I think your on the right track to start by shimming under the joists along the top of the cinder-block wall. The target height for the middle of the joists is the most common high-level of the joist-ends. Then lay shims on top of the low joist-ends to bring them up to the target height. I've ripped unusable (warped) 2x4s and thin sheet materials into long ...


2

If you happen to have a double-layer subfloor, remove the top layer and build back up under the tread using material of appropriate thickness. Otherwise I would make the top tread thinner where it laps over the subfloor. You can do this a couple ways. Either use a hand planer and take multiple passes, or use a tablesaw or circular saw, shifting the fence 1/...


2

In all the stairs that I finished, which are a good number of them, I have never used a full tread at the top of set of stairs (sorry Ecnerwal...) where a landing nosing has always been used in the past by thousands of other carpenters over the centuries. In the past the landing nose was only 3 1/2" wide, but nowadays they are available 5 1/2" or 5 1/4" ...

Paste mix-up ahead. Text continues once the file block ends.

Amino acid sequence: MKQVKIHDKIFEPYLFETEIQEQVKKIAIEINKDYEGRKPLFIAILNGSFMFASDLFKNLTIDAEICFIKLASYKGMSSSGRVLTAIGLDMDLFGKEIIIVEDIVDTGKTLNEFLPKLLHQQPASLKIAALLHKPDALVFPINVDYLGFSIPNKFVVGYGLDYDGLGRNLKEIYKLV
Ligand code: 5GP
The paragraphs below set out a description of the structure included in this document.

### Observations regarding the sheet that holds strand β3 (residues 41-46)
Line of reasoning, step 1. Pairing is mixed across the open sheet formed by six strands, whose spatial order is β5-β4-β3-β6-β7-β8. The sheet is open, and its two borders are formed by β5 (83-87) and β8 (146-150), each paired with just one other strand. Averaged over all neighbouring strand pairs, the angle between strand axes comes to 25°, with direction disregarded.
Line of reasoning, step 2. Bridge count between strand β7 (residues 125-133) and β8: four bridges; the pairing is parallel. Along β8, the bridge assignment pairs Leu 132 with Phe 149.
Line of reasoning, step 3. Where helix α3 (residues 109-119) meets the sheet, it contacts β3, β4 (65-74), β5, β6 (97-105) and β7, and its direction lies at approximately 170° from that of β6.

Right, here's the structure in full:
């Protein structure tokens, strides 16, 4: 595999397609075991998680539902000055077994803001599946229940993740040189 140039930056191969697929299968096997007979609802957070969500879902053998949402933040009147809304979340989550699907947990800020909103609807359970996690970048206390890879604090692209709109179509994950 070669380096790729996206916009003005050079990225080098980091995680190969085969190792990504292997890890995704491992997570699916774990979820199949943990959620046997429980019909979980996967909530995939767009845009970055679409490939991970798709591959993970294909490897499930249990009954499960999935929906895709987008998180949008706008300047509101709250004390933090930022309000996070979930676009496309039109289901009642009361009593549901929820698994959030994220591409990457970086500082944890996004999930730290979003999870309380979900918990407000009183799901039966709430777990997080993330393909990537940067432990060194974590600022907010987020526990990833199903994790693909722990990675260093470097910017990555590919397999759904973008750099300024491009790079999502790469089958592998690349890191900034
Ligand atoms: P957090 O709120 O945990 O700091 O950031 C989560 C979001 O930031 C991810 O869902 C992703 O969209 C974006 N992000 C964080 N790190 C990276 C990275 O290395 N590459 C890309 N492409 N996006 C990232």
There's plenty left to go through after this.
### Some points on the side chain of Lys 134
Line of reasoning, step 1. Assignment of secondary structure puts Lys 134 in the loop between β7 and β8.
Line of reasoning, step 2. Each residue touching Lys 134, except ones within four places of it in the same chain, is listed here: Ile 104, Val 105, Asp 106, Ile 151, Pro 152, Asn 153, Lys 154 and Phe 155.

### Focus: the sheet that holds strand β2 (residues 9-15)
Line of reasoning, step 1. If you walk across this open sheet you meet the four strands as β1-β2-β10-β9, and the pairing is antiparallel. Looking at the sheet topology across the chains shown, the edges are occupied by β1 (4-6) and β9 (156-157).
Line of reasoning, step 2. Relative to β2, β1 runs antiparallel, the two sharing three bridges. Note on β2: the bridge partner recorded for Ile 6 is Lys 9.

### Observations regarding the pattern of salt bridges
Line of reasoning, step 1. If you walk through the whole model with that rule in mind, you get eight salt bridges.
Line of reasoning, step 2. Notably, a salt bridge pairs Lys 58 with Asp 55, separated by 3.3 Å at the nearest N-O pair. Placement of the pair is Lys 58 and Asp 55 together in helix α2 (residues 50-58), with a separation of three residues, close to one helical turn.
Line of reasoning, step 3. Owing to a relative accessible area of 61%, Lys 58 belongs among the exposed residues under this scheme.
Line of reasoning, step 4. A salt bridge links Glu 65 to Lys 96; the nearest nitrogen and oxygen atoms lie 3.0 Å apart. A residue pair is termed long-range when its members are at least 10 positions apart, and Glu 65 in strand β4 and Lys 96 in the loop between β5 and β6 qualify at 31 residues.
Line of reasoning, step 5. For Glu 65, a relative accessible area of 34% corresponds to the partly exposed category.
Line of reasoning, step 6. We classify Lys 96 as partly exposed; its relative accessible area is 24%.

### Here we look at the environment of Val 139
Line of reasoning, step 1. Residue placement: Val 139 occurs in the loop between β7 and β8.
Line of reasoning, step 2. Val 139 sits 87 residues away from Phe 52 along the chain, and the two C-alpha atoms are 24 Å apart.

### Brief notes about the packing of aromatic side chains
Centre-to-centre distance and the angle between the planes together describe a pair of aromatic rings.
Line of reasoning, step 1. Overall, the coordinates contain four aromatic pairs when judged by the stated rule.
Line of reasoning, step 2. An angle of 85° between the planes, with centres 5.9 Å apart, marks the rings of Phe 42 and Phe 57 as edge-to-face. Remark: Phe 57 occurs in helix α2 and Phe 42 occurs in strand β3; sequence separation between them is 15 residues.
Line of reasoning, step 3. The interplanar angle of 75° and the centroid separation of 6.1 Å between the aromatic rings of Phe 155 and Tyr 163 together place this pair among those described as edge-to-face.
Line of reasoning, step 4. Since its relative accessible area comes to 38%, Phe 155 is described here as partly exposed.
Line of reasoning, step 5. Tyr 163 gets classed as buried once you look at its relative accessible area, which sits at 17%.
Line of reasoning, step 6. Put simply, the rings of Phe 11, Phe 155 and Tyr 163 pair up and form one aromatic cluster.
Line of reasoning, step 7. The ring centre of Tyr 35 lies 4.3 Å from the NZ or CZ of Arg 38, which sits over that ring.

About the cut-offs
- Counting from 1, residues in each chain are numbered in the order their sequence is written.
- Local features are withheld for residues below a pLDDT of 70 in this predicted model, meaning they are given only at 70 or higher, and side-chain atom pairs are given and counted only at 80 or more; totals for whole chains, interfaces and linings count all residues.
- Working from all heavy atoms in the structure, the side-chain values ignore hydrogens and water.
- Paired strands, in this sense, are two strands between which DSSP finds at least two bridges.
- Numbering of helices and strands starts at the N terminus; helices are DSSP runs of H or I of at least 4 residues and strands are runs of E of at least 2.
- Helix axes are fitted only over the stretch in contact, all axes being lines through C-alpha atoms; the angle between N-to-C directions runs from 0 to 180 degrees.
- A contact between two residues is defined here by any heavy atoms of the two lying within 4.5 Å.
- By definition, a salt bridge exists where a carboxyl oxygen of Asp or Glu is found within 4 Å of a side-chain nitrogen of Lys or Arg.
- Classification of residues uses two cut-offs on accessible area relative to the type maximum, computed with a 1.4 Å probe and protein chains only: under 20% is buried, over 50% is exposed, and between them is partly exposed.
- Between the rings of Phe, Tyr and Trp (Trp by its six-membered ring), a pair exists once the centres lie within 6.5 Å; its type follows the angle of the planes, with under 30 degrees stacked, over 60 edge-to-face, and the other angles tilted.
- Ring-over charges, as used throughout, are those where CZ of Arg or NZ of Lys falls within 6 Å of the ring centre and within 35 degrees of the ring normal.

2

At 3” I would mix up a batch with turkey grit much larger than sand but smaller than pea gravel. I have used this mix to level garages that had a similar slope to the door when making them a living space. The existing floor needs to be clean and I would do a heavy etch of muriatic acid and water. After rinsing I would put down an adhesion promoter then start ...


2

The first question is why you think "you need to compact the ground first" - even without frost as a consideration (not knowing where you live or if it freezes there) the first step in putting up such a wall is to remove the spongy/squishy topsoil and humus and get down into the mineral subsoil, which (if undisturbed) is normally stable and fairly ...


1

A notched trowel bed of thin-set under cement-board, maybe 2-layers, will get you solid, waterproof and level while still getting the new tiles flush. You can either chisel out that front edge or semi-scribe the cement-board to it and just dump in thin-set to level. I'd agree with your tile fix. Whatever the new vanity or pedestal doesn't cover should have ...


1

I have the identical problem. It wouldn't be practical to try and alter the slope. You'd need a significant quantity of material, it would need to be expertly applied, and it will have a tendency to pop loose over time. I plan on cutting in several trough drains in strategic locations. They'll be something like this: I'll rent a concrete saw, make the ...